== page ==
If you knew what mattered most, would that change how you live?

Charlie Perkins looks at the power of relationships.

Charlie Perkins.png
Charlie Perkins.
We are part of The Trust Project.

Close relationships with family and friends are essential for our health and well-being.

Consider those who make up our social networks: the parents at the school soccer game, the new family in the community, or that colleague in another division who always makes you smile.

Also Read
'The biggest thing is connections'
Meet local businesspeople and network.
Minority Owned Business Network offers resources, education and mentorship for minority business owners and aspiring entrepreneurs.

If you knew what mattered most, would that change how you live? How do you spend your time? If you knew that there was something that would help you live a longer, healthier, happier life, wouldn’t you make that a priority?

A growing number of researchers are shedding some light on the benefits of relationships and connections. Amazingly, these “weak ties” (that funny colleague, for example) can serve essential roles, such as improving physical and psychological health and defending against stress and loneliness.

Imagine a day that begins by welcoming your regular barista at the local coffee shop. Next, you get to work, run into a colleague you have not seen, and chat about your weekend. After work, you head to a yoga class where you exchange chit-chat with the woman whose hair is always a different color. Walking home afterward, you stop to chat with the guy you always see walking the pug named Max.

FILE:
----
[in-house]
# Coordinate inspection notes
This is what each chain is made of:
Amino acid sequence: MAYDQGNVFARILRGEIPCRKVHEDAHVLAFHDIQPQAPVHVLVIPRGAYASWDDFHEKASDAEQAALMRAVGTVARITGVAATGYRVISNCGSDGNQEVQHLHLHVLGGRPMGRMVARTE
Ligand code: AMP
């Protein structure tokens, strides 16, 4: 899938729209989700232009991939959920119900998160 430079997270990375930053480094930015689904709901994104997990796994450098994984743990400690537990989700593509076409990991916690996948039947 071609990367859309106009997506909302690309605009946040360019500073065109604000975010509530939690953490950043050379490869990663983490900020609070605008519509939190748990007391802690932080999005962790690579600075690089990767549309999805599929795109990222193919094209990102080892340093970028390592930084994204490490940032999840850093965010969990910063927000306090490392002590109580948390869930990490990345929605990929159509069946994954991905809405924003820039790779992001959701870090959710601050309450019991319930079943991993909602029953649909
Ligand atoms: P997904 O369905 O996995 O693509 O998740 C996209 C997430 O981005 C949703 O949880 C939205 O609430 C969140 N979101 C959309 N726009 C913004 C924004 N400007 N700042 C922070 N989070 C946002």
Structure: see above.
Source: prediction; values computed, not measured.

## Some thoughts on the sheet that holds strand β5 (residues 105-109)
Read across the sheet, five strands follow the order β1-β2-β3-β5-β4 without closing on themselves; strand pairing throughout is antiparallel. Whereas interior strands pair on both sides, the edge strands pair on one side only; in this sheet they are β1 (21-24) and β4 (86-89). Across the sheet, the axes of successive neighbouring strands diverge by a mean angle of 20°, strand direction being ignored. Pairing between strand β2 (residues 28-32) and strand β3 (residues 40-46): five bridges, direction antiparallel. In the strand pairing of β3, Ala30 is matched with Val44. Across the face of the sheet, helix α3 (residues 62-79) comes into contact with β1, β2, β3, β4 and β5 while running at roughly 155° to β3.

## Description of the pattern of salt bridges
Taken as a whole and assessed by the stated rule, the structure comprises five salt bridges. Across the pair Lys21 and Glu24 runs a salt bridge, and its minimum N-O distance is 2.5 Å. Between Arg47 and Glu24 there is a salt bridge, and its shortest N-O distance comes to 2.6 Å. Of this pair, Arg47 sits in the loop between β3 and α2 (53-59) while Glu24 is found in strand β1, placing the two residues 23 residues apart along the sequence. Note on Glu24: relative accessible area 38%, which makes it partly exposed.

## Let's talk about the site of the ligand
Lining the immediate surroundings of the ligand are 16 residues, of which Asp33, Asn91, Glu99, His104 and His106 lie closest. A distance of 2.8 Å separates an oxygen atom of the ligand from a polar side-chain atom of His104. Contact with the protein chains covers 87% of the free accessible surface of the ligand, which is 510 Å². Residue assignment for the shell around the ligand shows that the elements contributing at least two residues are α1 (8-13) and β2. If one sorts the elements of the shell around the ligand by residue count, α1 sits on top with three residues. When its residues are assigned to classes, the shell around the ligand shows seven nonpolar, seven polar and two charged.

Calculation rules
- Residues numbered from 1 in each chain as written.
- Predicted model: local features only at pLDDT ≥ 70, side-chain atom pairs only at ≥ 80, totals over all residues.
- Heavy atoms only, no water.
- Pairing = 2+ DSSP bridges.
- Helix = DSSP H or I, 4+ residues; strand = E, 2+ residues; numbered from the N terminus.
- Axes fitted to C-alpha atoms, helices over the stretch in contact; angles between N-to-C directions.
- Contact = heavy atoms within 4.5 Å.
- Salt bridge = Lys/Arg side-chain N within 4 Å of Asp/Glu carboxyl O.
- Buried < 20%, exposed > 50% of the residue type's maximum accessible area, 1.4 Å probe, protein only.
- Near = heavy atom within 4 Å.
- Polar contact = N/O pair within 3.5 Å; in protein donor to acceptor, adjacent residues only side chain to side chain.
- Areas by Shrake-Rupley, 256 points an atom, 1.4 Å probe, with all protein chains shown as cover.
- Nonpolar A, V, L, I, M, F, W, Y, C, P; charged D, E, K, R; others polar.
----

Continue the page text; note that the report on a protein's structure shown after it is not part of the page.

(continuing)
None of these people play an essential role in your life, yet a day without these interactions seems a little emptier. Here are two ways to explore casual acquaintances:

  • Find ways to connect with people with whom you are casually connected. For example, ask neighbors about their plans for the weekend, compliment the grocery store cashier, ask a customer/client about their children’s soccer game, and say hello to the people you pass at the bus stop.  
  • Welcome the new person or family in your community, including those fresh to your neighborhood. Consider those from an exercise class, workplace, school, etc.   

When you display kindness, you increase dopamine in the brain, making you happier and more energized. A bonus: kindness is contagious.

About Charlie Perkins

Charlie Perkins is an author, musician, photographer, and videographer based in Rochester. The Chicago-bred Perkins attended Northwestern University concentrating on Radio, TV Broadcasting, and Interpersonal Communications. He spent 29 years at Harris Bank in Chicago and taught “Principles of Corporate Television” Columbia College in the same city. He has also spent 17 years as Unit Manager, Media Support Services for the Mayo Clinic. In a previous life, he covered the Chicago Bulls and Michael Jordan’s championship run, ’96-‘98 as a freelance photographer.

Roch In Color Banner

What to read next
Charlie Perkins tells you how to feel less stressed. We need that.
'I’m going to break the cycles in my family'